Globalization, 9/11 and Cross-Cultural Interaction: Locating Identity In Mohsin Hamid’S the Reluctant Fundamentalist | Original Article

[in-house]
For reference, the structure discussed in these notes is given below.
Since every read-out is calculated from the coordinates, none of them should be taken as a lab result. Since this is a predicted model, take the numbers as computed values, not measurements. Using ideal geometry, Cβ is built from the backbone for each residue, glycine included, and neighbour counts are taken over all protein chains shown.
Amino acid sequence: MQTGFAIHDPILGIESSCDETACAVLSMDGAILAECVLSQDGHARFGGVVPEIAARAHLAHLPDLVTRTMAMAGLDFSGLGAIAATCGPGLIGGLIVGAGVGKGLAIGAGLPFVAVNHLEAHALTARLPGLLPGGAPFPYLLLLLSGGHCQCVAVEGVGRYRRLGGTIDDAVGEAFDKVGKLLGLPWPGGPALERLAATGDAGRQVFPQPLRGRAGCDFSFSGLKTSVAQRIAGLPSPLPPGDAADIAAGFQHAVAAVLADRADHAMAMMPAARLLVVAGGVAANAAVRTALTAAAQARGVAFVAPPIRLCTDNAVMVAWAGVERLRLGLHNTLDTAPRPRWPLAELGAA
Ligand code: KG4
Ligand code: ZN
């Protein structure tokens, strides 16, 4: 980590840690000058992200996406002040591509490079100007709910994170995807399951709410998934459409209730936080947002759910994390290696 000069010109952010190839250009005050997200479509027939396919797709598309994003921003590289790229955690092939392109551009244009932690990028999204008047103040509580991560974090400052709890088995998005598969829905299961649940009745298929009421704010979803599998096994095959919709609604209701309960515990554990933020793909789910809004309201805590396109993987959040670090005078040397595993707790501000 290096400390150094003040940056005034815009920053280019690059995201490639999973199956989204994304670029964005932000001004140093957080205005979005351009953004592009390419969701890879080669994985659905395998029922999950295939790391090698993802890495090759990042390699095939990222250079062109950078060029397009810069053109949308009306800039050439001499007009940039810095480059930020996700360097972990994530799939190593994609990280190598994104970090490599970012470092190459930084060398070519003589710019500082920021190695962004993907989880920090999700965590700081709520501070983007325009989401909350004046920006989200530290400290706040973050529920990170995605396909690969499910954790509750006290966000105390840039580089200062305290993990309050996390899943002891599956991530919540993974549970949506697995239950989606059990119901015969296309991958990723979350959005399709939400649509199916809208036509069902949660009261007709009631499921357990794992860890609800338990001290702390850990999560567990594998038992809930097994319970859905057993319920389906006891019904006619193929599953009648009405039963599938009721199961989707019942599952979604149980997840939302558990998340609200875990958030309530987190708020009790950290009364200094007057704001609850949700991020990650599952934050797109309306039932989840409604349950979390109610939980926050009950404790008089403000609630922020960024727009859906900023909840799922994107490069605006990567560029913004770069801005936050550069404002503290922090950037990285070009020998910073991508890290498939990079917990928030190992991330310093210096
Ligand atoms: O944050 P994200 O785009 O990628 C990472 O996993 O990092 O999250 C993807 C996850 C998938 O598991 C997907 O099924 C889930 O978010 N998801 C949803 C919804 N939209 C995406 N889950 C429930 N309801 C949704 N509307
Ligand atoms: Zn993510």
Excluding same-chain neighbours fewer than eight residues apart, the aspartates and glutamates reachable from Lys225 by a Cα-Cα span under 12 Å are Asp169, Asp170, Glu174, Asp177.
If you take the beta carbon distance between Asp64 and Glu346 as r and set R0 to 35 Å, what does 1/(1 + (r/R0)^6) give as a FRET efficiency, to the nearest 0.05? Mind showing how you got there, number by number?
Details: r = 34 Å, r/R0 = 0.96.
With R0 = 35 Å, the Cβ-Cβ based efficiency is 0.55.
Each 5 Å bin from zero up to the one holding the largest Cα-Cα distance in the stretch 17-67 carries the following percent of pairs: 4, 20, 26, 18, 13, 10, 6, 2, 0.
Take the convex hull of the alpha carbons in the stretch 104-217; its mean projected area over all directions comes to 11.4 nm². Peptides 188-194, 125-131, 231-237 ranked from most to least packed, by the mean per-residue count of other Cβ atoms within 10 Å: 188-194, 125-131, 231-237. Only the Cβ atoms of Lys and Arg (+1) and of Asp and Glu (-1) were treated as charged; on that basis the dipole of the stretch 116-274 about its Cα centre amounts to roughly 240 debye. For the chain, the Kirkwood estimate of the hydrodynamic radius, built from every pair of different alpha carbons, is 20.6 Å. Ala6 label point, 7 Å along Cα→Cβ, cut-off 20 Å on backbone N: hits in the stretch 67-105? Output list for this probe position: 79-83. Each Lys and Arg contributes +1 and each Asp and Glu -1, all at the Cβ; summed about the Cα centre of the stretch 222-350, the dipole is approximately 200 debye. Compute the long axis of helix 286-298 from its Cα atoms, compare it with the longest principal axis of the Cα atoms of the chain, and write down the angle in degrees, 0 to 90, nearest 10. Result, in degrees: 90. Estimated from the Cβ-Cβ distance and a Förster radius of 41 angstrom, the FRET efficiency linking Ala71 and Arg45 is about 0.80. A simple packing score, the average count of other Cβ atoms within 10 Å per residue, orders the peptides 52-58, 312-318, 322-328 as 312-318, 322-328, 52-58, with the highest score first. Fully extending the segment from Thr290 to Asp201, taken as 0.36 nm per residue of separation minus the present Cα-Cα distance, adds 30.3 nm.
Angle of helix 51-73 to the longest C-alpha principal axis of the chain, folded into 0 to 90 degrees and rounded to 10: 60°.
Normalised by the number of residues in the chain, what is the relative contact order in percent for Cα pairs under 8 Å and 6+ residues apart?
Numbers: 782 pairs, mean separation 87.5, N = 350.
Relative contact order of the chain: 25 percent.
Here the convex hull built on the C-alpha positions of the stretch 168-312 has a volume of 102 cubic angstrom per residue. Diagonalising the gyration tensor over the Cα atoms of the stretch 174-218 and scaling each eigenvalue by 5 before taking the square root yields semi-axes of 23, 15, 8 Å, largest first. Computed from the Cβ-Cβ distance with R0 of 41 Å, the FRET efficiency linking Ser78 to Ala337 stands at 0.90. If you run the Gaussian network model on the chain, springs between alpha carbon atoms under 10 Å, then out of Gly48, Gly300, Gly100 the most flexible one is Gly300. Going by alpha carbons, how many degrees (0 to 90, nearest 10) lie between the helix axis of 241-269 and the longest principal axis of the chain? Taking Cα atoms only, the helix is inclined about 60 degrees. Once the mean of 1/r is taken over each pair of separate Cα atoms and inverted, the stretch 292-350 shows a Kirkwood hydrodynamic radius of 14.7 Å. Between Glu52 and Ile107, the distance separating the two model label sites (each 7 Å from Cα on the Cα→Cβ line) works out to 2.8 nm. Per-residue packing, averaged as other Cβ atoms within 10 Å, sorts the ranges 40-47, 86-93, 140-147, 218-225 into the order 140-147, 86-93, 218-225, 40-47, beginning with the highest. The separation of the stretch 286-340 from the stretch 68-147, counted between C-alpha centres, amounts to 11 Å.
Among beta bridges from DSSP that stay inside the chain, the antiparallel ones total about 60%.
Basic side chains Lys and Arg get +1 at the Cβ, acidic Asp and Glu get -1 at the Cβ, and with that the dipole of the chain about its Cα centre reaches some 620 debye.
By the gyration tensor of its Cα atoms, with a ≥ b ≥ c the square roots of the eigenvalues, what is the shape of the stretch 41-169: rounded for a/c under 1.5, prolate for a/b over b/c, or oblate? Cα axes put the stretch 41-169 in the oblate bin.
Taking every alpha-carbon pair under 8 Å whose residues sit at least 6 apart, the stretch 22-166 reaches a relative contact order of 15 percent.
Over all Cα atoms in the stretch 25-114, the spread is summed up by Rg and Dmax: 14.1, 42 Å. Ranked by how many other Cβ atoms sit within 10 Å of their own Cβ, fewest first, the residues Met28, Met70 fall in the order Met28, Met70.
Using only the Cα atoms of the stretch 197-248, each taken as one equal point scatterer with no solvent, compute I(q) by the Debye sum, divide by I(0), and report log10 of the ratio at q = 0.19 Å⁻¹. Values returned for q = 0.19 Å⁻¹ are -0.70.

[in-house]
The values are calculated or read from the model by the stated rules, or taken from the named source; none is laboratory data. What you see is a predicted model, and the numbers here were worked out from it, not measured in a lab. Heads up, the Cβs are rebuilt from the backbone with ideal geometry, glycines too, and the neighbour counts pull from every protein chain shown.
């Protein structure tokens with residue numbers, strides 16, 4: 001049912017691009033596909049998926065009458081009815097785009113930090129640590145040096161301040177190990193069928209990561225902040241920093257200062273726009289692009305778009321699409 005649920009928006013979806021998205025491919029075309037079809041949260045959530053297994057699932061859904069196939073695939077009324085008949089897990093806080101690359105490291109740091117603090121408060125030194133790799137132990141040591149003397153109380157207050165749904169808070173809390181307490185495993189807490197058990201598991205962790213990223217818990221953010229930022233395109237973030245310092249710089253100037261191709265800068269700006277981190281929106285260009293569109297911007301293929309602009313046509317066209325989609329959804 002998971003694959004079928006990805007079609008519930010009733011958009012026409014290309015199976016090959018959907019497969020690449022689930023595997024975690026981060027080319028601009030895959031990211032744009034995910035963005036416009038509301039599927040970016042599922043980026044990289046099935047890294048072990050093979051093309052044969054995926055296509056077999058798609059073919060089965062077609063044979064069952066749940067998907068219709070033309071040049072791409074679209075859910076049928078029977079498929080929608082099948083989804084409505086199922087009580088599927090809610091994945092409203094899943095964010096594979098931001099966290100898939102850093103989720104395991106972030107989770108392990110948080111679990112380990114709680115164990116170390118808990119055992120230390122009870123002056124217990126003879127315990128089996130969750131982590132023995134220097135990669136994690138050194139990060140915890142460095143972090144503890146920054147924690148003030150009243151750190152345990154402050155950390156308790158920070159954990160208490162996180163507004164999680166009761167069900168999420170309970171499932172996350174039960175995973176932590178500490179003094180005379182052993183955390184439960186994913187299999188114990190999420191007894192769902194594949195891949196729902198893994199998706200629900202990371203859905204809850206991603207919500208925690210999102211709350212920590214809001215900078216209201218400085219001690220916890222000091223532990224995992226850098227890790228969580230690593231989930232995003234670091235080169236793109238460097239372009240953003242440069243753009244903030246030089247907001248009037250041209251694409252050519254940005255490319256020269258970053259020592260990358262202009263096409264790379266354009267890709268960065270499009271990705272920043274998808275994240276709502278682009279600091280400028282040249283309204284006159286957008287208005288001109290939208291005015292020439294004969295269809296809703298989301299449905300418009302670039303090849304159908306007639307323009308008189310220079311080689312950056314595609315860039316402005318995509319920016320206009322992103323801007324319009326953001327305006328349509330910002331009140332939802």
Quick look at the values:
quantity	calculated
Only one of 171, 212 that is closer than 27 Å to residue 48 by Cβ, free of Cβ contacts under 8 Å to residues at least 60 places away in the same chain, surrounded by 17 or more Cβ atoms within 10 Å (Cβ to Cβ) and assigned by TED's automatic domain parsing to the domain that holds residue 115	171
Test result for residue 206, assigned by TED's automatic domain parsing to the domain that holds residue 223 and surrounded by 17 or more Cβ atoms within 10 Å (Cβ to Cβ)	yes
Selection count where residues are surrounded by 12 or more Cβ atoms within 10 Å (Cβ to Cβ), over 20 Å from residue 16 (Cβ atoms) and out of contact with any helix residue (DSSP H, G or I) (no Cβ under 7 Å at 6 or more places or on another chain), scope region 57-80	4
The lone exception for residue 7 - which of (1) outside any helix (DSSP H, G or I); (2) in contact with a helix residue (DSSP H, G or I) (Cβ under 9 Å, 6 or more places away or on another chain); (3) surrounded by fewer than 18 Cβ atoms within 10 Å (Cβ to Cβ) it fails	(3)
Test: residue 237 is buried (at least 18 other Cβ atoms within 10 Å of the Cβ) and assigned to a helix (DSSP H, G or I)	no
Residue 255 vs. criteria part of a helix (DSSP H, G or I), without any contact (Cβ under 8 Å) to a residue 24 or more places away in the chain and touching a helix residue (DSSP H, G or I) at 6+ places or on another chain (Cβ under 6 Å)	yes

The idea of identity is shaped with a sense of belongings of place, nation, culture, language and history. However, the idea of identity always flows with the rise of globalization as it promises a global space for all across the borders and boundaries. Migration of the people to the metropolis global space gradually has been increased and the new issues of immigration and immigrants have been arisen in the new era –the twenty-first century, especially after the 911. The paper aims at analyzing the issues of identity in Mohsin Hamid’s The Reluctant Fundamentalist (2007) which focuses on globalization, migration and cross-cultural encounter of the East and the West. The paper also tries to analyze the interracial love-relationship which explains the anti-globalization phenomenon in the post-911 scenario as it is represented in the novel. The protagonist of the novel is Changez, a young Pakistani boy who experiences the issues related to his race, religion, and region in post 911 America. Although Changez loves Erica and America as well, the response of both after 911 changes his mind. He feels alienated after being rejected by Erica and the American society. The paper focuses on exploring the idea of identity –individual and collective identity in response to globalization as native and immigrantforeigner. The paper also examines the psyche of shaping and reshaping the identity in the home and away from home –metropolis global place. The paper foregrounds the conflict of identity in response to cross-cultural interaction and its issues and challenges of adaptation, assimilation and acculturation in the global metropolis space. Furthermore, it investigates the genesis of identity and identity politics in the twenty-first century globalization in terms of prevalent global politics with reference to the novel.